When you pay for electricity delivered to your home, it is usually charged per KILOWATT-HOUR. kWh. This is just a convention to make the units look more familiar with respect to things like light bulbs and stove burners, which are described in watts, than it would be if measured in Joules.
1 kWh = 3,600,000 J <--- 1 kWh equals 3.6 million JOULES.
NOW, the inapplicable unit in question... W/h.....
W/h would be J/h/h <--- Joules per hour, per hour. This would be a RATE OF CHANGE OF RATE.
So for example, you have a rain barrel that drives a turbine. The deeper the water is in the rain barrel, the more pressure it outputs, and therefore the more energy you can transfer out of the turbine. Starting with an empty barrel, your transfer rate is 0 W. But it is raining, and filling your barrel at a rate that you measure to increase your energy transfer rate by 2 W/h.
After it has been raining for 1 h, the water is deep enough to transfer 0 W + (1 h x 2 W/h) = 2 W.
After it has been raining for 2 h, the water is deep enough to transfer 0 W + (2 h x 2 W/h) = 4 W, ****OR**** 2 W + (1 h x 2 W/h) = 4 W, depending on whether you are adding one incremental hour, or calculating from the start.
3 h --> 6 W,
4 h --> 8 W,
etc.
If you want to run a 60 watt light bulb off that, you're going to need a pretty tall barrel, and wait 30 hours for it to fill deep enough to generate enough pressure.
Just for my own edification, um How then would you describe voltage and current. wattage is equal to voltage x current if 1W = 1J/s then how does currrent and voltage work its way in? Is voltage x current just simply a different way of stating J/s?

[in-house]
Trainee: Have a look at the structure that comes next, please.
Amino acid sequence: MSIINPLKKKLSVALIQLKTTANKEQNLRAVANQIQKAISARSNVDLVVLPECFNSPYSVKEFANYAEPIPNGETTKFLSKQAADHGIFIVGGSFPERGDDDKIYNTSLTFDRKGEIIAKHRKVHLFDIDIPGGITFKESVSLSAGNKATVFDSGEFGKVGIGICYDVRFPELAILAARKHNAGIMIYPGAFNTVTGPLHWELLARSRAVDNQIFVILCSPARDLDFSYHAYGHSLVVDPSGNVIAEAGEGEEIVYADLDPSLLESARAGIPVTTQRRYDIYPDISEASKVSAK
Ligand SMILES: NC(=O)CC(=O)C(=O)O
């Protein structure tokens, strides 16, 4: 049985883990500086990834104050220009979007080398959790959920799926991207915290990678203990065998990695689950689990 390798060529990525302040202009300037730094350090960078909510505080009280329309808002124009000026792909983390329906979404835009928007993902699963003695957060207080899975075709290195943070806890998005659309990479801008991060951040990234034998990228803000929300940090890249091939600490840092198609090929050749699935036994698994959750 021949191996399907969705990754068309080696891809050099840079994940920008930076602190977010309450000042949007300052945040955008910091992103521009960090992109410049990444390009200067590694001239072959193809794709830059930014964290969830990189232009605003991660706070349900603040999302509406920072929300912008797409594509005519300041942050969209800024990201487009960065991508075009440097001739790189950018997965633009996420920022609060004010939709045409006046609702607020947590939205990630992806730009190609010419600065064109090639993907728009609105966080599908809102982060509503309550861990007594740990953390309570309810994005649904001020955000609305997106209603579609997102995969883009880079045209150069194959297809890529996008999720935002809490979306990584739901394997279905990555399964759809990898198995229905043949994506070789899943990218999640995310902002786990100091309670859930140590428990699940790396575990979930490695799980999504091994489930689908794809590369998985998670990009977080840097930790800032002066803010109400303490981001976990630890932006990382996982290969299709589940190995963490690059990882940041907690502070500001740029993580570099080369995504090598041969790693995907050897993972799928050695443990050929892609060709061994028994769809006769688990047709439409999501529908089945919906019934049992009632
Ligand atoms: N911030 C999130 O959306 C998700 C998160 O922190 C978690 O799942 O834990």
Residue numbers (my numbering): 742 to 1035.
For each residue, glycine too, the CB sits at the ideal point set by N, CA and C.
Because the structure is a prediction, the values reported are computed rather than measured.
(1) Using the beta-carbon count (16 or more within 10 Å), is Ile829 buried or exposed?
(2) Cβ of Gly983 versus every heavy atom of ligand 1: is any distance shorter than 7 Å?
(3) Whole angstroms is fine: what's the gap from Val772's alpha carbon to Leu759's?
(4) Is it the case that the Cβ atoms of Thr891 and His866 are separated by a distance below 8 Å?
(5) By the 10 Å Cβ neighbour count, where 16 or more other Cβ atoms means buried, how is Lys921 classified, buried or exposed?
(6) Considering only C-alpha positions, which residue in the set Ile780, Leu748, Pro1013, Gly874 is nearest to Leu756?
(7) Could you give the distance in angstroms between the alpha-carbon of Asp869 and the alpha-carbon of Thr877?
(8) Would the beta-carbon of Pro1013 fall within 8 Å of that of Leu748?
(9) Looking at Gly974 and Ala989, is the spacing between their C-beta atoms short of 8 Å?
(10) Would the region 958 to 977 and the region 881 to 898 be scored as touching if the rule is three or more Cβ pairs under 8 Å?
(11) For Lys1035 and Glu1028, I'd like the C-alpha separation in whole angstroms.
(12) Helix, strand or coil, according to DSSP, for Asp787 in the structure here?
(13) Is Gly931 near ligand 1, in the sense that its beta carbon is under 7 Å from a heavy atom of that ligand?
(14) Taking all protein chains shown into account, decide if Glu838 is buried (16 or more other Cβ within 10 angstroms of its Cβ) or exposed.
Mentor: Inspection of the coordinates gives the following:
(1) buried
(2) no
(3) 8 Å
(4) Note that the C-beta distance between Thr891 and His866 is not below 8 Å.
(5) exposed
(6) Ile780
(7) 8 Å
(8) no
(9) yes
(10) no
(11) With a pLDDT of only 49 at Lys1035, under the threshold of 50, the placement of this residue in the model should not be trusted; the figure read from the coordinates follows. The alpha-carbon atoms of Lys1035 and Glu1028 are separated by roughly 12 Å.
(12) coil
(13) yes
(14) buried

Lets be a little bit nicer and explain the units rather than just screaming "WRONG".
Energy is measured in a unit called JOULES (J).
A WATT (W) is the RATE of energy transfer (because energy can be neither created nor destroyed, you can do nothing besides transfer it).
1 W = 1 J/s <--- that is Joule per SECOND, clearly the rate of transfer of energy.
We can play with the time unit a bit to bring it to HOUR....
1 W = 60 J/m
1 W = 3600 J/h <--- now we can see what a watt is in terms of HOURS.
To picture this best, imagine a boat that has been sitting in the rain. It is partly full of water (Joules).
So you can think of JOULES in similar terms as "gallons of water".
Now you have a bucket, you need to empty that water out, so you hop in the boat and start bailing. You scoop up that water and pour it over the side of the boat.
How much time does it take you to bail out all of the water from the boat? That's WATTS. How fast you transfer that water out of the boat.
Moving those units around a little bit to give another familiar unit, we can see something like this;
1 W x 1 h = (3600 J / h) x 1h
1 W.h = 3600 J <--- 1 WATT-HOUR = 3600 JOULES.
When you pay for electricity delivered to your home, it is usually charged per KILOWATT-HOUR. kWh. This is just a convention to make the units look more familiar with respect to things like light bulbs and stove burners, which are described in watts, than it would be if measured in Joules.
1 kWh = 3,600,000 J <--- 1 kWh equals 3.6 million JOULES.
NOW, the inapplicable unit in question... W/h.....
W/h would be J/h/h <--- Joules per hour, per hour. This would be a RATE OF CHANGE OF RATE.
So for example, you have a rain barrel that drives a turbine. The deeper the water is in the rain barrel, the more pressure it outputs, and therefore the more energy you can transfer out of the turbine. Starting with an empty barrel, your transfer rate is 0 W. But it is raining, and filling your barrel at a rate that you measure to increase your energy transfer rate by 2 W/h.
After it has been raining for 1 h, the water is deep enough to transfer 0 W + (1 h x 2 W/h) = 2 W.
After it has been raining for 2 h, the water is deep enough to transfer 0 W + (2 h x 2 W/h) = 4 W, ****OR**** 2 W + (1 h x 2 W/h) = 4 W, depending on whether you are adding one incremental hour, or calculating from the start.
3 h --> 6 W,
4 h --> 8 W,
etc.
If you want to run a 60 watt light bulb off that, you're going to need a pretty tall barrel, and wait 30 hours for it to fill deep enough to generate enough pressure.
Last edited by droidhacker; 18 April 2013, 12:17 PM.